Austin Lund relates that when he lived at Groton Pond in the station house (his father Hollis Lund worked on the building at the new Mill) he and other children went to school in Groton commuting by train each day. At that time, l903-1904, the old sawdust pile was still burning and the children were warned never to go near this area, as every now and then it would cave in where it had burned underneath. The old sawdust pile burned for several years – at least 7 or 8.

The new mill had a 125 h.p. a steam engine plus a smaller 25 h.p. that ran the generator for electric lights. He says the day they started the generator his dad took his mother and the children to see the electric lights in the boiler room. The first such light he had ever seen and that probably would apply to his mother and dad. Later on a 35 h.p. engine was installed to operate the band saws which sawed out chair stock.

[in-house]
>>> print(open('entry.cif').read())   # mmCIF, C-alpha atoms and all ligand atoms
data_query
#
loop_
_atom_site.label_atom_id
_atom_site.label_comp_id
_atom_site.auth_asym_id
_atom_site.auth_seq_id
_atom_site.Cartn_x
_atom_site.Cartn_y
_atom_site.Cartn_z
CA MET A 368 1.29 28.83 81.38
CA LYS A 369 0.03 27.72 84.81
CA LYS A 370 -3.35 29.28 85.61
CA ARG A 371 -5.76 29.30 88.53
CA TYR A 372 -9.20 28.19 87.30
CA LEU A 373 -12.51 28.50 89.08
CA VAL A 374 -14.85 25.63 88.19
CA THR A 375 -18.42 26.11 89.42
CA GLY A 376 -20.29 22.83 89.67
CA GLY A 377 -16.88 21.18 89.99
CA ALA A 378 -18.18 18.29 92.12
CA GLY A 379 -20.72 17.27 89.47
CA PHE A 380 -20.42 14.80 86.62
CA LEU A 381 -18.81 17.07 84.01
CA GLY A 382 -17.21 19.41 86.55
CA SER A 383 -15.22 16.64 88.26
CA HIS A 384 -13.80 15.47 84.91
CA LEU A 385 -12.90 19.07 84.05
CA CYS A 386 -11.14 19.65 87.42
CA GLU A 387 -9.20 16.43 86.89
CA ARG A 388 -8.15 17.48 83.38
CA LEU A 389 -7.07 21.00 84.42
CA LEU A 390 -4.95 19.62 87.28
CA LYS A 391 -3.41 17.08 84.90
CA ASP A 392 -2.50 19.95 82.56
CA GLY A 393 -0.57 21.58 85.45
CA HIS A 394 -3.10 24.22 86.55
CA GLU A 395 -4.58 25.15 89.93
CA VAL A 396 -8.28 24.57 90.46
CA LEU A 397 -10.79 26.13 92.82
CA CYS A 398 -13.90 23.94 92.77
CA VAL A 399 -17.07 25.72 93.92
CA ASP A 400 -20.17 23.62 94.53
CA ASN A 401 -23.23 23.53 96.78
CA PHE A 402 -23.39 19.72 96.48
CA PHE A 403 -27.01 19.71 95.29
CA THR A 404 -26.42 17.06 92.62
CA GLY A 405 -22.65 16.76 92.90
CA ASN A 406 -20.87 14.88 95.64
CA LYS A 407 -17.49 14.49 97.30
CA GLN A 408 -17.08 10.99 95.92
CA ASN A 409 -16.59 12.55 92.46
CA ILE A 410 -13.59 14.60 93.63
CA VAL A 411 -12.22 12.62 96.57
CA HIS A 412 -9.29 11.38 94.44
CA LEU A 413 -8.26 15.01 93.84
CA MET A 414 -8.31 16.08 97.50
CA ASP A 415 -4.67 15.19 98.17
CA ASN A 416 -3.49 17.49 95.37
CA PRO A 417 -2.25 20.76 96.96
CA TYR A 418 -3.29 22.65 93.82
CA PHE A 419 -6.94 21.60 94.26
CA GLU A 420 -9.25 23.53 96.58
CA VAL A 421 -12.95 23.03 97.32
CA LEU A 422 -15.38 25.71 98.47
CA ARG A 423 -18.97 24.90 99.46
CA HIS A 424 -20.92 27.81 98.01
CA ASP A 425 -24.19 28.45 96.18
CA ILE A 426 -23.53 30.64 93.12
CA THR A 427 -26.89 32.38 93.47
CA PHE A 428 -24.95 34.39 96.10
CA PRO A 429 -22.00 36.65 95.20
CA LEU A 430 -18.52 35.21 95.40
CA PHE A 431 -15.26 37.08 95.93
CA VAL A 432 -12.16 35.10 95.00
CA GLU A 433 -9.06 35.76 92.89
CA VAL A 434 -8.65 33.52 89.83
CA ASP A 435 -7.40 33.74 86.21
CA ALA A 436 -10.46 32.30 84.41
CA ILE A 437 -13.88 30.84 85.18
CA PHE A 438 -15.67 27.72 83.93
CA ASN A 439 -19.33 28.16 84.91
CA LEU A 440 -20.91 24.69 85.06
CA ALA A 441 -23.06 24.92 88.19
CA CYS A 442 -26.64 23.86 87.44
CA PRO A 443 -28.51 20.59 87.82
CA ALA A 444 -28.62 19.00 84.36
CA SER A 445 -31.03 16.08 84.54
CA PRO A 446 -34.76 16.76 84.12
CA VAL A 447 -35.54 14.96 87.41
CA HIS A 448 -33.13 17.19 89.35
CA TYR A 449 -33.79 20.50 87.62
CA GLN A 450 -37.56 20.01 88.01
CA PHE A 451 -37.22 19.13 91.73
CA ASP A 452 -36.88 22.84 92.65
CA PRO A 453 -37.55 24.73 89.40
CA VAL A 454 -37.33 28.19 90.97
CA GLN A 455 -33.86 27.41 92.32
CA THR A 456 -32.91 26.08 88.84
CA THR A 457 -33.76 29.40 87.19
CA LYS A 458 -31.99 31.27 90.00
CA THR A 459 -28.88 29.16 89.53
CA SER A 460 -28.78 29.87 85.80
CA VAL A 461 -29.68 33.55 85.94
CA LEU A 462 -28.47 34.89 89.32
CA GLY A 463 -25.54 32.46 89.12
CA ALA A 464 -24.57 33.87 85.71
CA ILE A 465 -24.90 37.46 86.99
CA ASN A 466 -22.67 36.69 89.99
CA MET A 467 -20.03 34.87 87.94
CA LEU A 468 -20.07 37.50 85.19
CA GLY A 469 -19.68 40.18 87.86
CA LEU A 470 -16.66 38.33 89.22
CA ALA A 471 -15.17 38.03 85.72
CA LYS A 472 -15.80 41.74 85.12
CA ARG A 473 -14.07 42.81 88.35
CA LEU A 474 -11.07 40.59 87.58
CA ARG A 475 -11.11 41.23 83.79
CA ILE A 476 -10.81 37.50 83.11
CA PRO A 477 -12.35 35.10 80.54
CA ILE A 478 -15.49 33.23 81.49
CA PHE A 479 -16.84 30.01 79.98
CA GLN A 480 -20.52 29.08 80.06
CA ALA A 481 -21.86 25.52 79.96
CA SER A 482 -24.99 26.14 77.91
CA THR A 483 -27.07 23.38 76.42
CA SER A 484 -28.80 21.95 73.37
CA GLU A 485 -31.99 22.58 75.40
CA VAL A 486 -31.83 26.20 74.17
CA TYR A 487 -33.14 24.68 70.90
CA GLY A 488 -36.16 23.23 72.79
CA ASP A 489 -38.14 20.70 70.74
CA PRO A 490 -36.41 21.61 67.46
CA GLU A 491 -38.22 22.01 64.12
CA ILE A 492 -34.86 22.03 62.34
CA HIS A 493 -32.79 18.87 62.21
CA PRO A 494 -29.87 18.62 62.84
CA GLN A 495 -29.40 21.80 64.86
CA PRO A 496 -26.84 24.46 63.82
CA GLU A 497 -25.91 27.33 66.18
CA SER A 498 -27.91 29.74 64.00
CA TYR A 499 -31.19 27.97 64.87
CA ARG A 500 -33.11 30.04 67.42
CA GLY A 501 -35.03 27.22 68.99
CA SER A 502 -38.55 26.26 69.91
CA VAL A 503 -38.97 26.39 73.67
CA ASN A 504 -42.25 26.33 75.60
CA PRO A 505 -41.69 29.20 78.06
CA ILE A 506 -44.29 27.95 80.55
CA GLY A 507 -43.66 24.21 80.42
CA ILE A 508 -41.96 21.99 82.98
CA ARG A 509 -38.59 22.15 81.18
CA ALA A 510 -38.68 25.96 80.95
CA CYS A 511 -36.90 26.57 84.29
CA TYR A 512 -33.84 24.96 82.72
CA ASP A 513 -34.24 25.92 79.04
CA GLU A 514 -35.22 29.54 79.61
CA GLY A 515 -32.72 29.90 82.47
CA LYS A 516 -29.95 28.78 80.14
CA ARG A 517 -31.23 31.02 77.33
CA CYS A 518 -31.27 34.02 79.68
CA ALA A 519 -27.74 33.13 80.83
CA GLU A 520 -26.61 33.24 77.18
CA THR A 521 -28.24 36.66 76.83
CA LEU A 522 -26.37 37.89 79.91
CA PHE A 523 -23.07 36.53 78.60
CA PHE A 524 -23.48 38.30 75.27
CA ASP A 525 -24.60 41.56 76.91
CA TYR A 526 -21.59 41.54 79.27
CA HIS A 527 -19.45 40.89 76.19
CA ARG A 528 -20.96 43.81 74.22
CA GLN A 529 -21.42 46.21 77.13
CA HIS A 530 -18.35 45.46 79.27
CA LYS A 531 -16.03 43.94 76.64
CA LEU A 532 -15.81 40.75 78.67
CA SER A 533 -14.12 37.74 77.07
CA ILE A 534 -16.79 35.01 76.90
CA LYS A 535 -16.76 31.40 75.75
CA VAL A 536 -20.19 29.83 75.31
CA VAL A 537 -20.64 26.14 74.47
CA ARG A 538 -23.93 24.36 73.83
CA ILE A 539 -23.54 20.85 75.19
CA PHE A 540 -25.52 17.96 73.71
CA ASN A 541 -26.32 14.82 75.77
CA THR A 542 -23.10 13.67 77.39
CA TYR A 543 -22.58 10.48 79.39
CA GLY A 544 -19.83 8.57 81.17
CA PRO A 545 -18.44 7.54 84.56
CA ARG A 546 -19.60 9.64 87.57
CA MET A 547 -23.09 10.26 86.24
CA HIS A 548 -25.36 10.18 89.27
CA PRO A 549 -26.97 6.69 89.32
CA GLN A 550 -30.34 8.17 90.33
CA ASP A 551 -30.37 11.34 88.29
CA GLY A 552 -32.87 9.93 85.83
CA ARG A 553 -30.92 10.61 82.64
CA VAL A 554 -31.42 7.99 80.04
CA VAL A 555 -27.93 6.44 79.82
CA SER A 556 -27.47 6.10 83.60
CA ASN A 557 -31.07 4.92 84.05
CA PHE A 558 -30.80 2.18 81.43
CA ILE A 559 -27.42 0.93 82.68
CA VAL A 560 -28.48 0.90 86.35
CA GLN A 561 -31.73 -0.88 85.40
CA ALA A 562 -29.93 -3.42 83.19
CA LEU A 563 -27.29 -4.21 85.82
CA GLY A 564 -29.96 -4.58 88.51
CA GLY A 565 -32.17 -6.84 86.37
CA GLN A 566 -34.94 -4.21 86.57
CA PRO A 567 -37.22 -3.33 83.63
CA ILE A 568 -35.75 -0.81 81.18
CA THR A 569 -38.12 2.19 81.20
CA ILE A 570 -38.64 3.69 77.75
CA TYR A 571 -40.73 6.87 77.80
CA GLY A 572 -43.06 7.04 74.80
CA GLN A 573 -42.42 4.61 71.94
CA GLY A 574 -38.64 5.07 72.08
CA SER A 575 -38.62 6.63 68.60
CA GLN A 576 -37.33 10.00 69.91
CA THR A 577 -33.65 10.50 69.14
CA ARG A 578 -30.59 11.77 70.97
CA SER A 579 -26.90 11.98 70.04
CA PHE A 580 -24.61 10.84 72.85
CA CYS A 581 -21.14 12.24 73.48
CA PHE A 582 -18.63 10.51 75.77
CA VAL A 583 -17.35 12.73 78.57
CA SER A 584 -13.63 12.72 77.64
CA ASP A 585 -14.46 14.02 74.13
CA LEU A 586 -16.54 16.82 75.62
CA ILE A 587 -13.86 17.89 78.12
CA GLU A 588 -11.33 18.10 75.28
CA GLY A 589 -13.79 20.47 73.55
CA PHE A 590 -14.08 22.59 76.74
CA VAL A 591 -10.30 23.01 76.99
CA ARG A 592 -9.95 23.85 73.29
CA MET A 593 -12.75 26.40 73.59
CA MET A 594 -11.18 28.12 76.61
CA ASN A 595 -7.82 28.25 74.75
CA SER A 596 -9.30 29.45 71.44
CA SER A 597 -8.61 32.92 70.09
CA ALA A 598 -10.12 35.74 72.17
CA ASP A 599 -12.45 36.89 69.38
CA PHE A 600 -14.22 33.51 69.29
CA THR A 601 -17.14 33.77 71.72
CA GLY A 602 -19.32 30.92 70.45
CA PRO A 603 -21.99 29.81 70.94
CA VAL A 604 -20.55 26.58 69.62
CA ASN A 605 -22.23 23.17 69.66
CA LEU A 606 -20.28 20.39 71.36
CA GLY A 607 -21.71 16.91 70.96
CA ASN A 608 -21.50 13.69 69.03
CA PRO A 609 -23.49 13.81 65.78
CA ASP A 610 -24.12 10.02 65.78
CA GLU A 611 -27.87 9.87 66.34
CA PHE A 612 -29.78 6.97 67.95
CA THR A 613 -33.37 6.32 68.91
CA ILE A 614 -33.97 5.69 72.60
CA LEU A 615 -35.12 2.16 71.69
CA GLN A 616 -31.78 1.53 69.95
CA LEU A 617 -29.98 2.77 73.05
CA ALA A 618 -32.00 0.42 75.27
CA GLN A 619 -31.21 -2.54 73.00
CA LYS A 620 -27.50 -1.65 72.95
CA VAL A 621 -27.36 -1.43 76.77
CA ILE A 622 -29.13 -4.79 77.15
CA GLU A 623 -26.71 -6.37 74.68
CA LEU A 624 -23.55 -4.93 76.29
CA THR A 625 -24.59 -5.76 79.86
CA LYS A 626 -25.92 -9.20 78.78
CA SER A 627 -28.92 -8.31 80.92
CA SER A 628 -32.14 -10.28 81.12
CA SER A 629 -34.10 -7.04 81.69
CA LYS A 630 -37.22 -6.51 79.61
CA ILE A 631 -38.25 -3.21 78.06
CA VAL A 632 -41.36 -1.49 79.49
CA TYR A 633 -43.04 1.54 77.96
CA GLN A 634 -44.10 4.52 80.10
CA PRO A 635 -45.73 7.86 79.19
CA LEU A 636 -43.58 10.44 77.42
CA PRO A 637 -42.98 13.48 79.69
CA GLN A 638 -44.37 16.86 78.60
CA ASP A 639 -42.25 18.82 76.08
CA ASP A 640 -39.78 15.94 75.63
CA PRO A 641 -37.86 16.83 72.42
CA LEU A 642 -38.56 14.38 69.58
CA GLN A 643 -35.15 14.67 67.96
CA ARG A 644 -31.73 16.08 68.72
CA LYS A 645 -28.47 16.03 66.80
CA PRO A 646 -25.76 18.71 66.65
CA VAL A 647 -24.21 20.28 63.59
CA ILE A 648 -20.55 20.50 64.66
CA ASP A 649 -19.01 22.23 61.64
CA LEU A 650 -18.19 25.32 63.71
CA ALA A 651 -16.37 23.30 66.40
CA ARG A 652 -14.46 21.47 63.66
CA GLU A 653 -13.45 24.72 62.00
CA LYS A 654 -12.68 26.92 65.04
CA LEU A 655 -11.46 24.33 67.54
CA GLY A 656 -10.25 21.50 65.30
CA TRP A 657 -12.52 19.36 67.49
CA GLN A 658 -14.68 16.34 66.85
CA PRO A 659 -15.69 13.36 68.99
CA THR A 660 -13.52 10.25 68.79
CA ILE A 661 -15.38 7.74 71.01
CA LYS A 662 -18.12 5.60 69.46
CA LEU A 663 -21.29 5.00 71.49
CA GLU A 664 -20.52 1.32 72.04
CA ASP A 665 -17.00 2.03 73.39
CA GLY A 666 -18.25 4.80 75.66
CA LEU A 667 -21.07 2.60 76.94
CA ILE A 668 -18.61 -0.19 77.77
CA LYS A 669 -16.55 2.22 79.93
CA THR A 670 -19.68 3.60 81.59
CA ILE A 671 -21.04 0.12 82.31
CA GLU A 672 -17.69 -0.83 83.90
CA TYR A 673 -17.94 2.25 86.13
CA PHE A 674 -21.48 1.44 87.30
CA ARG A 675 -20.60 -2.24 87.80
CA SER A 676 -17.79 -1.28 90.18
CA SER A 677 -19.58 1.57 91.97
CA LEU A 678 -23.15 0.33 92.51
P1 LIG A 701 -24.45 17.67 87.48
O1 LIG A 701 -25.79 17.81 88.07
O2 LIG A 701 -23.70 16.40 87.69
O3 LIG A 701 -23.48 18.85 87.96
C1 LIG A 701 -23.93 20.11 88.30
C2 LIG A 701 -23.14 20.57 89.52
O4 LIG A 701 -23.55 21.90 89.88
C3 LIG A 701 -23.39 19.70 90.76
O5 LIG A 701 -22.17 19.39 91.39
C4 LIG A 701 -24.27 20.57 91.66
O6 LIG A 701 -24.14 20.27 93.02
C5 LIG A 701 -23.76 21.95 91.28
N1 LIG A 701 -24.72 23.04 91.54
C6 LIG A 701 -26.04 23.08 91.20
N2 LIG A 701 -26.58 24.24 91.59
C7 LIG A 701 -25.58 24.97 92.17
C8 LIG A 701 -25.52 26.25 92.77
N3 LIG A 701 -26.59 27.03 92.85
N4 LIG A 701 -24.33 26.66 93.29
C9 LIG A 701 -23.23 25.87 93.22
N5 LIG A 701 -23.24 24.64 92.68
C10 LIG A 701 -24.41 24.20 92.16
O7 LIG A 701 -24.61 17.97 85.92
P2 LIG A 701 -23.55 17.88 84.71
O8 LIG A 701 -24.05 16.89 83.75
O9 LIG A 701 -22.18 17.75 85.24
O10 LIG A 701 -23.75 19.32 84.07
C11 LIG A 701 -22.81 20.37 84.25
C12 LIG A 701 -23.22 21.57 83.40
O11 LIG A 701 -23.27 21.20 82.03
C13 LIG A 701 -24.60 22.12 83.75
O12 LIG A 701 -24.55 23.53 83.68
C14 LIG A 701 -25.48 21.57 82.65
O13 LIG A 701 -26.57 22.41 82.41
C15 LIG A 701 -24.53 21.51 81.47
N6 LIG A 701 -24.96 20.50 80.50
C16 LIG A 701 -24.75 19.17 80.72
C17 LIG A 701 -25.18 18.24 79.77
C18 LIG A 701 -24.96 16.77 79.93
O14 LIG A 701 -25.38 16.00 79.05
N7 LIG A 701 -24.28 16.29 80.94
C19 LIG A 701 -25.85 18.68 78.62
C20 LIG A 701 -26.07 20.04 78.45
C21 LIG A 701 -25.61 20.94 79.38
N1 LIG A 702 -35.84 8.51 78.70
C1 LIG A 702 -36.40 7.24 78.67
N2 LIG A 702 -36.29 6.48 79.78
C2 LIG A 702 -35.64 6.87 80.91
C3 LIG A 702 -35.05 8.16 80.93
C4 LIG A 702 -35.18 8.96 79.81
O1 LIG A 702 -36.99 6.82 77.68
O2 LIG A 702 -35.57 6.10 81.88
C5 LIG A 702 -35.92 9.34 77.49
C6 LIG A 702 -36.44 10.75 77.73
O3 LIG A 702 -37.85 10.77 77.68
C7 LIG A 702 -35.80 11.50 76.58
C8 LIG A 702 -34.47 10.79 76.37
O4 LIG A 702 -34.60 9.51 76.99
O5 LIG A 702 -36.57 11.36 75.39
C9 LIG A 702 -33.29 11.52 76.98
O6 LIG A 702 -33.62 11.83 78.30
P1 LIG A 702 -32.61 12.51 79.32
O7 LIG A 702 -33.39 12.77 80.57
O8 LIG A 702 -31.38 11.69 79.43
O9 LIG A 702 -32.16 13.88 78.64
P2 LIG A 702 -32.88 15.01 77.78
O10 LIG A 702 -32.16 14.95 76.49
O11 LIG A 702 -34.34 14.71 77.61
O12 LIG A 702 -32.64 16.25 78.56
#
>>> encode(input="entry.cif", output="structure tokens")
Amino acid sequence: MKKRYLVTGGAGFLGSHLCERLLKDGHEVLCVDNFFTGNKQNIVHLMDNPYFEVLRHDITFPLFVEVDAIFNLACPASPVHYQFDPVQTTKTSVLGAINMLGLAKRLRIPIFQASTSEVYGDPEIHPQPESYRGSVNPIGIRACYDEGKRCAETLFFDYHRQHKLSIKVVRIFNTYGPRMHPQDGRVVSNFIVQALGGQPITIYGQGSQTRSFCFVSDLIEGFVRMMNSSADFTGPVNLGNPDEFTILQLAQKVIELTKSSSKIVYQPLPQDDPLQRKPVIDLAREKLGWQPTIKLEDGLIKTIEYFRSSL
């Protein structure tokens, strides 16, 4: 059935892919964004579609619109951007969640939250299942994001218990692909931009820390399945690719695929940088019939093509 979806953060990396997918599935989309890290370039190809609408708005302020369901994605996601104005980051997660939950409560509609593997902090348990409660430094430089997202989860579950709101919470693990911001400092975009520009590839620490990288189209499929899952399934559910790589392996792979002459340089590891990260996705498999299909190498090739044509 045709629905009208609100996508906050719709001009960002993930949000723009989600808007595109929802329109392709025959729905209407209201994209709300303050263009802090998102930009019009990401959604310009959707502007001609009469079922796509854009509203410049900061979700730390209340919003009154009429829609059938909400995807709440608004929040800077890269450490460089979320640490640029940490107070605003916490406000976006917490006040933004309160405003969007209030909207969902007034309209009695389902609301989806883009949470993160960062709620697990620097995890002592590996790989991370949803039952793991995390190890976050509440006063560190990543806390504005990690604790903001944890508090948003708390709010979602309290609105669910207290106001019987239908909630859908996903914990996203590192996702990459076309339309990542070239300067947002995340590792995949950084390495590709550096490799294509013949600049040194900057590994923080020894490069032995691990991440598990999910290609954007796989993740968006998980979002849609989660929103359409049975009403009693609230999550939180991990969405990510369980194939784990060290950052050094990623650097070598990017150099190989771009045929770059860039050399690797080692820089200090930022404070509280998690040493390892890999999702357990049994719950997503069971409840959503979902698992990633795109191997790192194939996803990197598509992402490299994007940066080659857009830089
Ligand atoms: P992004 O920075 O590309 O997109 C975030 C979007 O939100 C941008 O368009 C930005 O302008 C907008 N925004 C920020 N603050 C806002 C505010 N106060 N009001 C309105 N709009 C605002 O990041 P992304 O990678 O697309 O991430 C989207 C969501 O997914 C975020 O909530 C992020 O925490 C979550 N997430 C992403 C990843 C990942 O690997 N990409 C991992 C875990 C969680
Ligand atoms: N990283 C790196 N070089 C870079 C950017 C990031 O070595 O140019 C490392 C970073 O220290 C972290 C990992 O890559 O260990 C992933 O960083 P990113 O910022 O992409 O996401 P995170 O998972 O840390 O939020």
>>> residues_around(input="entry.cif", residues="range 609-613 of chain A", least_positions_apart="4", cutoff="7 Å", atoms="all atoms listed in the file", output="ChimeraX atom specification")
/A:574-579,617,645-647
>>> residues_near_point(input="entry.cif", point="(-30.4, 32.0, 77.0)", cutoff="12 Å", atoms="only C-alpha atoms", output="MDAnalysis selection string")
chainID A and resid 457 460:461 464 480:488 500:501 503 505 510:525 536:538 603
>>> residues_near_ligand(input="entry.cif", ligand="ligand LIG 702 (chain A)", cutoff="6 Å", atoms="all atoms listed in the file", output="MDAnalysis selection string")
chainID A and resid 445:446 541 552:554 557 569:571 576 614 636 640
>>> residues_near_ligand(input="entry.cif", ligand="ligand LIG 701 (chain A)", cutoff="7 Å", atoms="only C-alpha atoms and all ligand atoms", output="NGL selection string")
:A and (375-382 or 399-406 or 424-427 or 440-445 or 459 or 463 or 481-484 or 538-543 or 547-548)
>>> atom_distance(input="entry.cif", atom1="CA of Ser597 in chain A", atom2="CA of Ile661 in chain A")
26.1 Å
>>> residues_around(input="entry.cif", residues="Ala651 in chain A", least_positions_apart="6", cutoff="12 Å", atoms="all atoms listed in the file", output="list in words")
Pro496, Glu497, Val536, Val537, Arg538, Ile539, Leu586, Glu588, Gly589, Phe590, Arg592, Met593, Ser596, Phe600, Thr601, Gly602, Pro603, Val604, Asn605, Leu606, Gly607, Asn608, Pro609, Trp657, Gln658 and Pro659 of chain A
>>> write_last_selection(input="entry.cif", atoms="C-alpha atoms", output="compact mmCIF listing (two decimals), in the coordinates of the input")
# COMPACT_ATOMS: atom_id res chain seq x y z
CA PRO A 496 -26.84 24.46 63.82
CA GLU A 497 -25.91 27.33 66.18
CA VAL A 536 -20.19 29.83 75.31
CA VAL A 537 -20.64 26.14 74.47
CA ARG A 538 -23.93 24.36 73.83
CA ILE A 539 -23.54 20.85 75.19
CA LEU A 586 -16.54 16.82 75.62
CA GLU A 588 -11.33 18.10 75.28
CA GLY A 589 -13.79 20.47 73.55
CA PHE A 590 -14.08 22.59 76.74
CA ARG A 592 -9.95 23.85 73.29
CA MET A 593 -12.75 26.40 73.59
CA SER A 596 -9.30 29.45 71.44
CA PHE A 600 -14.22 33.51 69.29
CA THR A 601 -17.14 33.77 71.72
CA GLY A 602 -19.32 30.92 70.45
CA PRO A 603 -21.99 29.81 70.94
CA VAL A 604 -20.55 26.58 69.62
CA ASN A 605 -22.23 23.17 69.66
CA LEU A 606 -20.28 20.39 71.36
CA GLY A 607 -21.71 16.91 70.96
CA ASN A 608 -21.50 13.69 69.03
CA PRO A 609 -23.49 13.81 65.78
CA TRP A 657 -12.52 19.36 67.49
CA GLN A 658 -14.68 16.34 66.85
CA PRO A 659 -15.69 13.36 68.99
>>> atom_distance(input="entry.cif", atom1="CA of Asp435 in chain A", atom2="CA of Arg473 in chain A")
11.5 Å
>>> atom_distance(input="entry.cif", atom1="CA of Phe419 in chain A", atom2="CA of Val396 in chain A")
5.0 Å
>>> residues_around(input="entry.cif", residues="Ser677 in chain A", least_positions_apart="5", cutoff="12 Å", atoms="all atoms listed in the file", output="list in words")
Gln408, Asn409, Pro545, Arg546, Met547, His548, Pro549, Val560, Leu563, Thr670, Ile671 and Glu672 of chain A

Austin says that they lived on the second. floor of the station house. The first floor although vacant at that time was equipped with store counters and also in the past a post office evidently had been there. At that time all mail for Groton Pond was delivered to Ricker’s Mill Post Office and had to be gotten there. From Sept. 1903 until early Dec. l903, he carried the mail during the week, getting off the train at Ricker’s, picking up the mail and walking the track to Groton Pond. Rob gave him $.10 a day for this chore.

Incidentally, one of Austin Lund’s ancestors, Jeremiah Lund, settled in the vicinity of Levi Pond and Jerry Lund Hill gets its name from him. There are today, several cellar holes and old stone walls indicating that at one time this particular area was farm land. At one time the Lund family owned considerable acreage in this area as well as around Ricker’s and. Groton Pond. The so called Annis clearing was a portion of these holdings.